Workaholism is one of the few addictions that society values and people are quick to claim
Lily’s dad, Tom, is a 43-year-old marketing exec. working at a Fortune 500 company. He was recently promoted to a senior vice president position at the firm. Along with new flexibilities on his work schedule, his pay has also increased dramatically. This means that Lily’s mom can now quit her part-time job in order to spend more time with the children, which is the fulfillment of a long-term family goal. After working extreme long hours for many years, Lily thought that his dad’s hard work has paid off with receiving a job promotion and is finally able to spend more time with her. However, Lily still hardly sees dad. His dad misses family dinners because he was traveling or he couldn’t make it to Lily’s orchestra play because of some work thing or another. Lily missed him when he couldn’t be there.
What are some characteristics of a workaholic father, and not just an engaged hard-working one? How could you tell the difference?
A workaholic displays symptoms similar to any other addiction. Working long hours, at the expense of his personal relationships and even his own health. One caveat is that the time he spent working is not often due to an external necessity. When not working, he is thinking about work. Work dictates his mood: when work is going well, he’s happy; when work is going less well, he may be down. It is also found in studies that workaholics may use work as a distraction from other problems or aspects of life. And relating to family financial planning, many workaholics may be delaying their planned retirement in an effort to continue the workaholic lifestyle.
Is there a link between health problems and workaholism?
Yes, there is. Just because work itself is a respectable pursuit doesn’t mean that an addiction to it is any less damaging than other sorts of addictions. A number of studies show that workaholism has been associated with a wide range of health problems, such as insomnia, anxiety, and heart disease.
Besides from health problems, does being a workaholic bring negative effects?
Yes. For some people, working serves as a Band-Aid for other issues, a way to numb undesirable feelings or fill certain voids, much in the way that alcohol might do for an alcoholic or sex for a sex addict. What’s more, working too much can lead to lower job satisfaction. Comparing overworked employees to those who maintained a better work-life balance at a workplace, the ill effects are contagious.
What about the workaholicsm effects to the families?
In one study, adult children of workaholic fathers were reported that they have experienced more depression and anxiety and a weaker sense of self. That study appeared in the American Journal of Family Therapy.
What about the positive side?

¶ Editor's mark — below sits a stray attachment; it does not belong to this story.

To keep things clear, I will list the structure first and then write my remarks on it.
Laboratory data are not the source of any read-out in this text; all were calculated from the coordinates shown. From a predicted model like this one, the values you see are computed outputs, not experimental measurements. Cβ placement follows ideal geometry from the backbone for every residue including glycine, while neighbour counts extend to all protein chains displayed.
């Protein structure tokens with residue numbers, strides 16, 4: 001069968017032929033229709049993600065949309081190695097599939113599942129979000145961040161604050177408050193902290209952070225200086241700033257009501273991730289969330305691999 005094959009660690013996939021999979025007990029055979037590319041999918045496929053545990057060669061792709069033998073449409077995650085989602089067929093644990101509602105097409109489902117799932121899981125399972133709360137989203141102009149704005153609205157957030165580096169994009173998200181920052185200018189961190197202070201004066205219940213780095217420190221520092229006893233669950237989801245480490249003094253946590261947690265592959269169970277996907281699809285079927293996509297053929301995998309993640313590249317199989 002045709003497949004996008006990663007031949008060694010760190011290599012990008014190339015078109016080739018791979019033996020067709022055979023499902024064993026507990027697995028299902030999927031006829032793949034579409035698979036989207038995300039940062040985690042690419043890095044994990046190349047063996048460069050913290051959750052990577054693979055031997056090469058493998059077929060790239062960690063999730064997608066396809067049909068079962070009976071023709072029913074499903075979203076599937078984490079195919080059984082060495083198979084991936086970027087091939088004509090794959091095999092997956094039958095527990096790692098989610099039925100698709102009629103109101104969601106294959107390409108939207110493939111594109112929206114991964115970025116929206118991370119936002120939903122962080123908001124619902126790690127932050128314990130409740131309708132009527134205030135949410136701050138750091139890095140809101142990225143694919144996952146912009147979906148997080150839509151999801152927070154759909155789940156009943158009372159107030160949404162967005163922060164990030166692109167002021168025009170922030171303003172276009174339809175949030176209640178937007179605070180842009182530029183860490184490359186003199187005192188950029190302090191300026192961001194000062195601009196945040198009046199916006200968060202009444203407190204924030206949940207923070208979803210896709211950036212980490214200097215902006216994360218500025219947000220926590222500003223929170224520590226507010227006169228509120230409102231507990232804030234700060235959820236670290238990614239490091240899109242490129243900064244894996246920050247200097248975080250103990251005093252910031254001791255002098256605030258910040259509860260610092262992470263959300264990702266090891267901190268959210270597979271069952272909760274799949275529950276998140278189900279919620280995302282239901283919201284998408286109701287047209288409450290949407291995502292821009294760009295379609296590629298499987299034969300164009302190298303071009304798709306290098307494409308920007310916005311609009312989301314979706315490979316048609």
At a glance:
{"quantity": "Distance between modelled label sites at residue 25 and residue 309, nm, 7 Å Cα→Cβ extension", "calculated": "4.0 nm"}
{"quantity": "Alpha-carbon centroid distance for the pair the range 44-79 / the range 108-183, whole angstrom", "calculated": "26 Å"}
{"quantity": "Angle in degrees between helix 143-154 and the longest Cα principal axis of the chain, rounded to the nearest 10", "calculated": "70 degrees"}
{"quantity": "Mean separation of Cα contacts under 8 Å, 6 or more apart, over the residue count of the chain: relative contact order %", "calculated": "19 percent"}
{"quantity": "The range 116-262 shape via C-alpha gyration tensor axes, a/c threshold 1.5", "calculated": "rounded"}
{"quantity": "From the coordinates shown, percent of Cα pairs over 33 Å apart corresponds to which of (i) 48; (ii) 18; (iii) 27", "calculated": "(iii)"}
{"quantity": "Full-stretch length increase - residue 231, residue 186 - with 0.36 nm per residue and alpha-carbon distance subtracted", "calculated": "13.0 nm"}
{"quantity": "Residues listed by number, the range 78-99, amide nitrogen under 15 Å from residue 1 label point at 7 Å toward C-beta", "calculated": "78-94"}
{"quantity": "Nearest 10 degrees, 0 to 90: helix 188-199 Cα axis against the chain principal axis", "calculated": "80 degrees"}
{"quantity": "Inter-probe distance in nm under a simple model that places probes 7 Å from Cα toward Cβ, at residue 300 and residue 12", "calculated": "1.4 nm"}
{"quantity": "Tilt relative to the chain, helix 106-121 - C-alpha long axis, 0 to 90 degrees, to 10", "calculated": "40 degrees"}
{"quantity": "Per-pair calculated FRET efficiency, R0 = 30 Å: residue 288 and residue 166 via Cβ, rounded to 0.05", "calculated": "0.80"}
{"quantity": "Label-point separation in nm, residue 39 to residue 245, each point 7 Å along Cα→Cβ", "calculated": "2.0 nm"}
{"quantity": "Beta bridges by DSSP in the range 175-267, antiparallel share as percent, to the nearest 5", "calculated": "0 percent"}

There are many positive aspects to working hard and to an increasing commitment to career. Hard work can reap great rewards, such as that they may be receiving job promotions, salary increases, and praise from their employer and colleagues. For some, it’s how they develop feelings of self worth and confidence and purpose.
Since many workaholics often deny having a problem, what are the solutions?
It’s difficult to persuade a workaholic to change his behavior if he is not also motivated. But, if you have such a father in your life, besides you can point out the things he may be missing out on while at work, seek to understand why he feels the need to work so much and support him in finding a resolution is important.
Based on research, cognitive-behavioral financial therapy that includes easy steps on goal
Some researchers believe that rational emotive behavioral therapy (REBT) is appropriate for workaholism. REBT is founded on the premise that dysfunctional behavior is caused not only by environmental factors but also by irrational thinking. Take a Money Belief quiz to find out about yours. REBT can offer a promising intervention because it focuses on restructuring irrational beliefs to more functioning ones.
Lastly, consider these 3 simple techniques to help your workaholic father slow down and achieve a better healthy work-life balance:
1. Take a “rocking chair test.” Suggest to him, fast-forward to his retirement age sitting on your family front porch rocking in the chair. Looking back on life, where does he wish he had spent more time? – Would it be at the office? On the golf course? Or on vacation with your family?
2. Have him check in with others. Have him ask his friends and relatives to see if they think your father work too much. Workaholics are often unaware of how immersed they are in work and are not necessarily conscious of the negative emotional and physical consequences of workaholism. Be understanding, supportive, can help open his mind and heart to the feedback of those around.
3. Examine his family history around work. Workaholism is often a family phenomenon passed down from parent to child. For example, when one of my friend heard his 90-hour-a-week-working father talk about how lazy he felt compared to his father, it evoked my friend’s feelings of guilt for putting in less hours and that suddenly made a lot of sense. Seeing family pattern around work and becoming conscious of the consequences can open eyes and may help change the relationship with work.
Resource: Klontz, B. T., Britt, S. L., & Archuleta, K. L. (2015). Financial Therapy Theory, Research, and Practice. Cham: Springer International Publishing.